So I maybe wasn't quite so preoccupied my second time seeing Shutter Island. Plus I knew where the story was going, no surprises to deal with. (That's a whole other topic, how surprises in a movie can be wonderful or distracting or not really a surprise at all.) It's always with the second viewing of a film that I can really determine how much I like it because I'm not having to worry about what happens and can focus on how it happens and how it makes me feel. Sometimes that second viewing causes me to realize that the movie was just about "what" and how it was told wasn't that interesting. Other times I see it again and like it even more because of how wonderfully the story was revealed. The same phenomenon is true of songs.

If not properly done Shutter Island could have been a classic one-and-done film because of what I must assume is a very surprising twist at the end to people who haven't read the book. Thus if this story was merely adequately told people would be satisfied with one viewing but feel no desire to re-visit it. But Shutter Island is a Martin Scorsese film and whether you like this particular one or not you know you he's grand storyteller.

The other night when wife and a child were watching a network TV drama I was struck by how facile the series is and worse how intellectually dishonest it comes off. It's a bunch of actors in a made up story acting out emotions. It was as real as to me as The Flintstones.

Scorsese is nothing if not a brutally honest director. His films don't involve pretense. The story feels real, immediate, without artifice. (William Wellman and John Ford were the same sort of directors.) While, for example, Shutter Island has shades of gothic horror to it, it's every bit believable and not a single punch is pulled. Scorsese draws magnificent performances from actors and it never hurts that he's able to lure the creme de la creme from the profession. Hell, in Shutter Island Patricia Clarkson showed up for a small role

Here's another sub topic. Famous or familiar actors. You see an actor in a film and your mind steps out of the movie for a second to say: "hey look, it's Max Van Sydow!" Or even more distracting, "who's that actor, I've seen him somewhere before."  If the performance is strong enough, such mental interruptions are short lived.

Leonardo DiCaprio is in every scene of Shutter Island. That's a helluva responsibility to put on one bloke in a two hour 18 minute film. He's excellent. After the nonsense that was Titanic it was difficult to imagine Leo becoming one of our better actors. But he is.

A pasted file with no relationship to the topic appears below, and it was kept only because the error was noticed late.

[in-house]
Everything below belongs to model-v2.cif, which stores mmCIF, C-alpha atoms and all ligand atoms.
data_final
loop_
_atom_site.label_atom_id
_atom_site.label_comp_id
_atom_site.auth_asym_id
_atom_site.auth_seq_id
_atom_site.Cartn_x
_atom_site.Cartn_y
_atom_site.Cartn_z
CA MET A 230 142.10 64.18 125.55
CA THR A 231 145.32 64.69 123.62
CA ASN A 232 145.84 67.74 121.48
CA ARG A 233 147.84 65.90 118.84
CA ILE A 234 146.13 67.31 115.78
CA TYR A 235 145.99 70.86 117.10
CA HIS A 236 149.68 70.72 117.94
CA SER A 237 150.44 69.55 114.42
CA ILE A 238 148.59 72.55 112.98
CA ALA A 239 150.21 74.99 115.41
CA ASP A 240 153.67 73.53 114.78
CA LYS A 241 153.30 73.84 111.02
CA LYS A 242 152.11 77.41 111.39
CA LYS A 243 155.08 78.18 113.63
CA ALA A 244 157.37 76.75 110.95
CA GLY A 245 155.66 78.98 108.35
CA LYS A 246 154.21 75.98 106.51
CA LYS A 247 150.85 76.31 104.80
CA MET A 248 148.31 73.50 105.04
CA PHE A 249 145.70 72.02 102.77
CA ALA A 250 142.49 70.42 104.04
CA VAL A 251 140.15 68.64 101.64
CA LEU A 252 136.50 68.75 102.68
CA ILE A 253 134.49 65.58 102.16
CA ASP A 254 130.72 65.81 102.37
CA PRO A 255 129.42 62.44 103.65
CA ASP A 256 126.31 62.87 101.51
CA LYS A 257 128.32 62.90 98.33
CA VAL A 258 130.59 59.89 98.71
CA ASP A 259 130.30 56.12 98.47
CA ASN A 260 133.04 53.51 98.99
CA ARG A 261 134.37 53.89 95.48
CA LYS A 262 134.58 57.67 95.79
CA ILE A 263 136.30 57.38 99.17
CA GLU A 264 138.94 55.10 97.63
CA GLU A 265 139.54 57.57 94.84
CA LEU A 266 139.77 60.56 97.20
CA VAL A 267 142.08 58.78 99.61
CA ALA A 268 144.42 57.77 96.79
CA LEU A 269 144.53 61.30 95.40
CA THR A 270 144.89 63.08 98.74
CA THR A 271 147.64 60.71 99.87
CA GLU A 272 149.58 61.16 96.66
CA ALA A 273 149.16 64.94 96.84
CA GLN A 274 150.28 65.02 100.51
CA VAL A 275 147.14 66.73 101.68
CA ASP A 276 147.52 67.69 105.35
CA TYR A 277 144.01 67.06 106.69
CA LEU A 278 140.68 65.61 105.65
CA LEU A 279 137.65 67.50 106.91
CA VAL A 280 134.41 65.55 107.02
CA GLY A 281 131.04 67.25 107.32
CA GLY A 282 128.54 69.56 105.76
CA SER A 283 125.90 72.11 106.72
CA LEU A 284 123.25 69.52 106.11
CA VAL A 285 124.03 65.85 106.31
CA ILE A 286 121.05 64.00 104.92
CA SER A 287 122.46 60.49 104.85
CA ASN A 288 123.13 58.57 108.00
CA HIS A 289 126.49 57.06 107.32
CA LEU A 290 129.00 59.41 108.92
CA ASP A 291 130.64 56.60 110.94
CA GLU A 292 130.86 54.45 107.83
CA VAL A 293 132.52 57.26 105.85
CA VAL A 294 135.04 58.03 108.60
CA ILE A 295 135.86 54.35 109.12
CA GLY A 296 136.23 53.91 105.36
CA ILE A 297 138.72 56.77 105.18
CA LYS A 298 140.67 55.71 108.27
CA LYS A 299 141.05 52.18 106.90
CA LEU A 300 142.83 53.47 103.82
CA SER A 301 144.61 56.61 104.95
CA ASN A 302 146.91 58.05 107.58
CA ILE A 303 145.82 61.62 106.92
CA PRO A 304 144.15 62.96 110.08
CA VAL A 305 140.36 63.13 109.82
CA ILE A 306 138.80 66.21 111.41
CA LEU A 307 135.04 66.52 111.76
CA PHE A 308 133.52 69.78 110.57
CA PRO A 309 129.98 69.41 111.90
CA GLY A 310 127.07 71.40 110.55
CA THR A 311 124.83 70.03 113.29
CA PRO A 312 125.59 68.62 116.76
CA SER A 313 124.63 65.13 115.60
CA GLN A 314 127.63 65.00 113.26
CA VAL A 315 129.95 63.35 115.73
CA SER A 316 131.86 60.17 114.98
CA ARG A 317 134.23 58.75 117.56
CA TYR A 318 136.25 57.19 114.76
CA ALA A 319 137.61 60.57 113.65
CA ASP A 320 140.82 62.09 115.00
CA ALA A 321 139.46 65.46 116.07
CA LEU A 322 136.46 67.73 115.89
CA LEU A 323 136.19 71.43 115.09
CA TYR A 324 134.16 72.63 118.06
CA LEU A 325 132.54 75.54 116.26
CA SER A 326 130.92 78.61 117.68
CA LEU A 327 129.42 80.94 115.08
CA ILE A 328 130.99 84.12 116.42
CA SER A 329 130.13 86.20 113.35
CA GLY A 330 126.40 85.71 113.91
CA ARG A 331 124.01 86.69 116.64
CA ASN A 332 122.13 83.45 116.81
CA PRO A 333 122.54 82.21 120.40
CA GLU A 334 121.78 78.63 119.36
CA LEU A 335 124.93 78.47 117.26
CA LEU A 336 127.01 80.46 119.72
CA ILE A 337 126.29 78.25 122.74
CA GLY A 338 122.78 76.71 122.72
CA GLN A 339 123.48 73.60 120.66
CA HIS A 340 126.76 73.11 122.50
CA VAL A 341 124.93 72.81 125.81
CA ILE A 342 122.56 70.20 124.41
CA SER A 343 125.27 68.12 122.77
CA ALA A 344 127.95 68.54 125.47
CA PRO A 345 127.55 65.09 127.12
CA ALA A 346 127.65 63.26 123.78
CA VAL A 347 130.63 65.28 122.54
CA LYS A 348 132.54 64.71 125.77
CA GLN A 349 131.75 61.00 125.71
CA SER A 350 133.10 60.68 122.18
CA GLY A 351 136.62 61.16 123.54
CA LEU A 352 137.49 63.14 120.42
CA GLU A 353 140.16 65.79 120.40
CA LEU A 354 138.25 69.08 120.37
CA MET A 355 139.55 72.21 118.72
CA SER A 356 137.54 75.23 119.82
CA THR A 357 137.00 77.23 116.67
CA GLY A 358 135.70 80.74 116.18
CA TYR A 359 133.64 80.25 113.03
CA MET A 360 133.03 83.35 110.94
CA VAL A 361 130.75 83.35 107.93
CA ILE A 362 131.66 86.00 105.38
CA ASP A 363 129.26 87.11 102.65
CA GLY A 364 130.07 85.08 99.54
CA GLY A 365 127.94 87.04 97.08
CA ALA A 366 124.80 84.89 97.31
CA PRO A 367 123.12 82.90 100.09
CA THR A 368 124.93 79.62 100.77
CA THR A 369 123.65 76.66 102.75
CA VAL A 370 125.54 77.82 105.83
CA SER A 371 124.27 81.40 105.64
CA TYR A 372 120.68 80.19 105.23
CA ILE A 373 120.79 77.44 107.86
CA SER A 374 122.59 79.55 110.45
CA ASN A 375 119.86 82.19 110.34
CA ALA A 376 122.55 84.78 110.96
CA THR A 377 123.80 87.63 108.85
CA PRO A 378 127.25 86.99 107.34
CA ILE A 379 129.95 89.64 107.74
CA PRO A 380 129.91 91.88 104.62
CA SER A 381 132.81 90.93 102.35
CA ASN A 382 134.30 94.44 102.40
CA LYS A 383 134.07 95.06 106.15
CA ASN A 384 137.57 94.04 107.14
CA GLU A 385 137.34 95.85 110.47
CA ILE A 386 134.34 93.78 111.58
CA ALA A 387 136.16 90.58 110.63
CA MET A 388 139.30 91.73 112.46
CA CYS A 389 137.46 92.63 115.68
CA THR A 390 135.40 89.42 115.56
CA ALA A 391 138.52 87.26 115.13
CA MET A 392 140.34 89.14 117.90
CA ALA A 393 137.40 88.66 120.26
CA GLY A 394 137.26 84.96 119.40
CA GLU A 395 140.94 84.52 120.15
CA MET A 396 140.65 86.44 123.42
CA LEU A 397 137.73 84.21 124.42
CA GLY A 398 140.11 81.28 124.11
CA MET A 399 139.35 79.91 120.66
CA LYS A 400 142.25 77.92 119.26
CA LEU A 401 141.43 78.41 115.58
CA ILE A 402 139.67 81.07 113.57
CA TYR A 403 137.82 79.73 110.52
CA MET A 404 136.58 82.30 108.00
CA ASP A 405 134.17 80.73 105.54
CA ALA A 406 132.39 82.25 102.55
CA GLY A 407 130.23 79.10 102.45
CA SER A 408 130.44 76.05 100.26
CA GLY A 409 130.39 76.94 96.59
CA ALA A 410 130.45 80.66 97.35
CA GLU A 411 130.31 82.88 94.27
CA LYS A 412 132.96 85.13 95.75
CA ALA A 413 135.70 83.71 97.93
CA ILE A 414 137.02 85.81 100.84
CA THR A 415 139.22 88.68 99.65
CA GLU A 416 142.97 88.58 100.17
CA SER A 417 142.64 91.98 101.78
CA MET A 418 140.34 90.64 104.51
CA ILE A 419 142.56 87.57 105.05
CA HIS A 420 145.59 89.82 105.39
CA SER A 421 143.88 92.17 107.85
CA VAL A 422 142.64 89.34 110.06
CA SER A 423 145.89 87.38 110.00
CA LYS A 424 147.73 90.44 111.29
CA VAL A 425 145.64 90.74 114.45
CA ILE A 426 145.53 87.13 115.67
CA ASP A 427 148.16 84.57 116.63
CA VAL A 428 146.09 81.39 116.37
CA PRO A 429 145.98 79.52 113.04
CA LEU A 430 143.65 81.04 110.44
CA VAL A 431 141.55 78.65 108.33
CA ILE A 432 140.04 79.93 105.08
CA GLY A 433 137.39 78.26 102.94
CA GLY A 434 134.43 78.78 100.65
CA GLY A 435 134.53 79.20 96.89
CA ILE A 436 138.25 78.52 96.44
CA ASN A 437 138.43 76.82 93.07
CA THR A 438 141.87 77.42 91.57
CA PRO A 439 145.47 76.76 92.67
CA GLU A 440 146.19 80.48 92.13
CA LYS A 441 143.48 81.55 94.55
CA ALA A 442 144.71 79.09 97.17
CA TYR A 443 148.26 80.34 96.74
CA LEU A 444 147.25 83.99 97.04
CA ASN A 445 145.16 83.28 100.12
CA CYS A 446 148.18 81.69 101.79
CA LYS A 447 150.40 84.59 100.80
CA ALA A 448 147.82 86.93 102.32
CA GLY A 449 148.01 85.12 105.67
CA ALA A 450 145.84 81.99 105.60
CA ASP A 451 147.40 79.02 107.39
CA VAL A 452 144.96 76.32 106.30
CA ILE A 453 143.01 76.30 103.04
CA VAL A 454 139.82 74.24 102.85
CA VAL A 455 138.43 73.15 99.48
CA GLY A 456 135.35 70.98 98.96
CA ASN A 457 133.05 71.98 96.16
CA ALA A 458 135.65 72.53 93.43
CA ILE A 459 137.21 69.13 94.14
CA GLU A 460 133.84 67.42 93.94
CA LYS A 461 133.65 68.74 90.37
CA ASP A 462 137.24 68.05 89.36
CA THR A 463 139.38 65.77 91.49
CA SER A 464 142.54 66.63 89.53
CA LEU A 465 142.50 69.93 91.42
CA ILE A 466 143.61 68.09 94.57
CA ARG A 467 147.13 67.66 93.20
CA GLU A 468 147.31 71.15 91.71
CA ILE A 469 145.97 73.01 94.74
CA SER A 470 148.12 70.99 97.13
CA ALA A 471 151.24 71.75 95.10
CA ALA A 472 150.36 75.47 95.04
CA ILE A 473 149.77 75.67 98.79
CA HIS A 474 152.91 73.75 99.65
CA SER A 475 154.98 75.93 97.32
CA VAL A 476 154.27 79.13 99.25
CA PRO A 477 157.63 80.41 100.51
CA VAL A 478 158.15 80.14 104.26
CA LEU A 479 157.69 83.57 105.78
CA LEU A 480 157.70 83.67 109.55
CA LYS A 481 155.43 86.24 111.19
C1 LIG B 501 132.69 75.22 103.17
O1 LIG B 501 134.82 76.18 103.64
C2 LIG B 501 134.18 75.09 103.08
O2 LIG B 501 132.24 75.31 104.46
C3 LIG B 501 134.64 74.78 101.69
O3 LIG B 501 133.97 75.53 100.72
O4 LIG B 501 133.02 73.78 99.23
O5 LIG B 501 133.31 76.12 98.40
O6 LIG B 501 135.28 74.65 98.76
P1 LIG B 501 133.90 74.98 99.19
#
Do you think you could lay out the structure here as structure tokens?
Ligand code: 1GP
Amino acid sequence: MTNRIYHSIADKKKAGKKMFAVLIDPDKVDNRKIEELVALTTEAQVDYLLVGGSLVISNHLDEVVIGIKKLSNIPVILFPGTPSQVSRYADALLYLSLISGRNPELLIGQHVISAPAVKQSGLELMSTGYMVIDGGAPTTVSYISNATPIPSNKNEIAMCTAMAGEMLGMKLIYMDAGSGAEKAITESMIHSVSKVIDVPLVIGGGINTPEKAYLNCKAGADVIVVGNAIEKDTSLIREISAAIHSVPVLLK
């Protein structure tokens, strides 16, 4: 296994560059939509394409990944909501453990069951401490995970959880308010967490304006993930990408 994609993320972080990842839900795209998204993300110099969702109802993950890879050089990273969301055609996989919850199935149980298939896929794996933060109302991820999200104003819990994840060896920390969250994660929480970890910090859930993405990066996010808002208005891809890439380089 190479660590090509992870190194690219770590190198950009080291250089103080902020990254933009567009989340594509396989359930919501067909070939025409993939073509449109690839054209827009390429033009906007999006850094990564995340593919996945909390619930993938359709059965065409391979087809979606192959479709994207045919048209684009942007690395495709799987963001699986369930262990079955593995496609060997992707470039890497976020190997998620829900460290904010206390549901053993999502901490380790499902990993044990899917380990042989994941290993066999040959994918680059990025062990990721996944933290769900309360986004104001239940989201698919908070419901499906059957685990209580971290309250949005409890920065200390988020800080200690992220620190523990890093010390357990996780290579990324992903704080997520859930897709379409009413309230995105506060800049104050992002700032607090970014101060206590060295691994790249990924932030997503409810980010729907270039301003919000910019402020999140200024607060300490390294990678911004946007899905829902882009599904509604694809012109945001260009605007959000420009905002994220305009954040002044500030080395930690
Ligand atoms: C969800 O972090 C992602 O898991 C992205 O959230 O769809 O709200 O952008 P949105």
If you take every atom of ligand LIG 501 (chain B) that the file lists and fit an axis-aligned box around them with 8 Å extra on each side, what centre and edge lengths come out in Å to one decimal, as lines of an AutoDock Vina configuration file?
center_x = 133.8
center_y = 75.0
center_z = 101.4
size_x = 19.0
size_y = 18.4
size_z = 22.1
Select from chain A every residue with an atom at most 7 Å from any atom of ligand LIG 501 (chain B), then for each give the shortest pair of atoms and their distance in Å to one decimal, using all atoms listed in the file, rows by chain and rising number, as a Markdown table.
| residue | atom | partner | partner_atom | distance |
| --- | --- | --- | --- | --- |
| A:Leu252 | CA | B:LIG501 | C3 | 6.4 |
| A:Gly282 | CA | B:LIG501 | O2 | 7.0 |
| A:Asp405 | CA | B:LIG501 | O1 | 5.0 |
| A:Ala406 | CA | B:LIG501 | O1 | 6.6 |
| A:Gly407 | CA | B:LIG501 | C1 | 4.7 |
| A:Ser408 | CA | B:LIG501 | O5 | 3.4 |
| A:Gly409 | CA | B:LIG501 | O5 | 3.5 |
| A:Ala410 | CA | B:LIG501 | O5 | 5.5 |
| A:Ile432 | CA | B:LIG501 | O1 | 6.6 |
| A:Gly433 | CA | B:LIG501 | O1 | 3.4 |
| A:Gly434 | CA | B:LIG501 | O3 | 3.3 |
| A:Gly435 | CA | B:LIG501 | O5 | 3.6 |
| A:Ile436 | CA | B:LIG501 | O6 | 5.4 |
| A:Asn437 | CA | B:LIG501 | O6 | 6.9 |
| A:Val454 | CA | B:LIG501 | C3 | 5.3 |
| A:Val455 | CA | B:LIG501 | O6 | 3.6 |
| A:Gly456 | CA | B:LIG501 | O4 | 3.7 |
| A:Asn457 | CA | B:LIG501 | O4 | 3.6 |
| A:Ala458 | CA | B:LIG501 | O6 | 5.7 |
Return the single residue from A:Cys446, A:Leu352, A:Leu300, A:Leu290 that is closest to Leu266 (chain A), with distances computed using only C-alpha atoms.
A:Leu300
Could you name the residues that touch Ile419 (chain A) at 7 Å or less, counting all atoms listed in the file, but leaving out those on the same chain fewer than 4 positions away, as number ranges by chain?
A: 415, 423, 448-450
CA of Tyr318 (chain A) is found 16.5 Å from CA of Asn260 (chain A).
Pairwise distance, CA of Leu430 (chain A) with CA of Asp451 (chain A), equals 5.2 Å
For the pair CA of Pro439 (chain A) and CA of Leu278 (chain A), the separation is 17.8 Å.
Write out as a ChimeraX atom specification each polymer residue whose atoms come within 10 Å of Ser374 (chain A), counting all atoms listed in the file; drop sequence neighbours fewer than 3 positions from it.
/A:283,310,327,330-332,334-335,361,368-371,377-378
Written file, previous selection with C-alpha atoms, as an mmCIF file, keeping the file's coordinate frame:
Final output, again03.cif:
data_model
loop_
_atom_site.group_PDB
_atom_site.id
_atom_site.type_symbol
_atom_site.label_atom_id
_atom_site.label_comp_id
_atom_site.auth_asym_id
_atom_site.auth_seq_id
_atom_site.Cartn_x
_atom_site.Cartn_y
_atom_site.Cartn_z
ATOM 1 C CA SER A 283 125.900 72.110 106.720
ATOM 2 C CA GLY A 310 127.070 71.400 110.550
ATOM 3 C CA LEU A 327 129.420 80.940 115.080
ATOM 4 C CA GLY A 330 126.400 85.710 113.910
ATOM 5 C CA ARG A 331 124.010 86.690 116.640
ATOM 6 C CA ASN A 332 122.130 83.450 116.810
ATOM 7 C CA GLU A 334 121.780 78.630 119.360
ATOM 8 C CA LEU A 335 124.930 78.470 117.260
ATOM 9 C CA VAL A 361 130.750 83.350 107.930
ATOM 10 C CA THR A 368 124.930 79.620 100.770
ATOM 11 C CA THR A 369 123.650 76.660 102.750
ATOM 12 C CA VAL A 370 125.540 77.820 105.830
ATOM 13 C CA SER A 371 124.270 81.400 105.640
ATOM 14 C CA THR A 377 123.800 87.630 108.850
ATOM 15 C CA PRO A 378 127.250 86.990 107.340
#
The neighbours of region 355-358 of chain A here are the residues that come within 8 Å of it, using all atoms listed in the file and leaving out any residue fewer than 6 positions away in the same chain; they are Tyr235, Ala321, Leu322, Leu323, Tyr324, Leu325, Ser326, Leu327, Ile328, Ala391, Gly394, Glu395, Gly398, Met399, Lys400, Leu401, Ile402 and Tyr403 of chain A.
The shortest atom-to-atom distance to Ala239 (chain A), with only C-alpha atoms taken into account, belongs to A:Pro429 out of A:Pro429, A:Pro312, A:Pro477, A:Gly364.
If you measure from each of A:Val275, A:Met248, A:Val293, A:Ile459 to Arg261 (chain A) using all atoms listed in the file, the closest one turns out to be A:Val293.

I feel the urge to summarize now but will fight that urge to my last breath. Hot or cold I've said what was on my mind about the experience of seeing a movie.  I leave much more yet to be said but have tried your patience quite enough (thanks for hanging with me, Didrik N. of Oslo, Norway). Suffice to say, more in the future.

But, what you ask, of Shutter island? What did your second viewing tell you about the film? Fair enough questions so here's my answer: I liked it!

11 April 2010

I Stop in For a Quickie, Comments on Films I've Seen Recently

Before I get totally immersed in studying for my Second Language Acquisition class final (next Saturday, check your local listings for exact time and channel) I'm going to make a few quick comments about some of the films I've watched recently.  I offer these in no particular order and without further ado.

Female (1933). Ruth Chatteron is the wealthy CEO of a car company who uses men, sometimes as sexual playthings. At the risk of being obvious this is a pre code film and is in fact a classic example of the genre. Such a film would not only have been impossible to make in the first 30 years the code was enforced, its hard to imagine it today. Its so wonderful to see a woman in  charge, even if she finally does meet her match in George Brent.

Baby Face (1933). Another pre code film, this is to me the epitome of those daring movies made before the Hays office started its heinous censoring. Moreover its one of the better films of all time. Barbara Stanwyck couldn't be better as a woman who ruthlessly sleeps her way to the top, casting men aside like used banana skins. Like Chatterton in Female, she too gets more than she bargained for upon meeting George Brent. What was it with that guy?

Lacombe, Lucien(1974). It's a good enough film but one would certainly expect more from director Louis Malle. He set himself a heck of a task making the protagonist such an unlikeable fellow. While an interesting and never boring, LL does not show the craftsmanship of most other Malle films. This was my second viewing and I like it less, maybe because I first saw at the Pacific Film Archives on the big screen. It's the story of a somewhat dim witted young Frenchmen who stumbles upon and joins forces with the collaborationist French police force during Nazi occupation. Full of good performances.

King & Country (1964). Speaking of the PFA, I saw King and Country there last Thursday. I now have another film to add to my list of outstanding World War I movies. It's got elements of Paths of Glory (1958) though the man on trial here is actually guilty of the charges. Whether he deserves the death by firing squad is another matter. Tom Courteny is excellent as the naive  war weary young British soldier charged with desertion and Dirk Bogarde gives a superb performance as the officer who defends him (any Bogarde fans out there?). One of a legion of films that examines the lunacy of war. Done in 18 days on the cheap, it feels like a stage play but with all that rain and mud looks and is a really good film.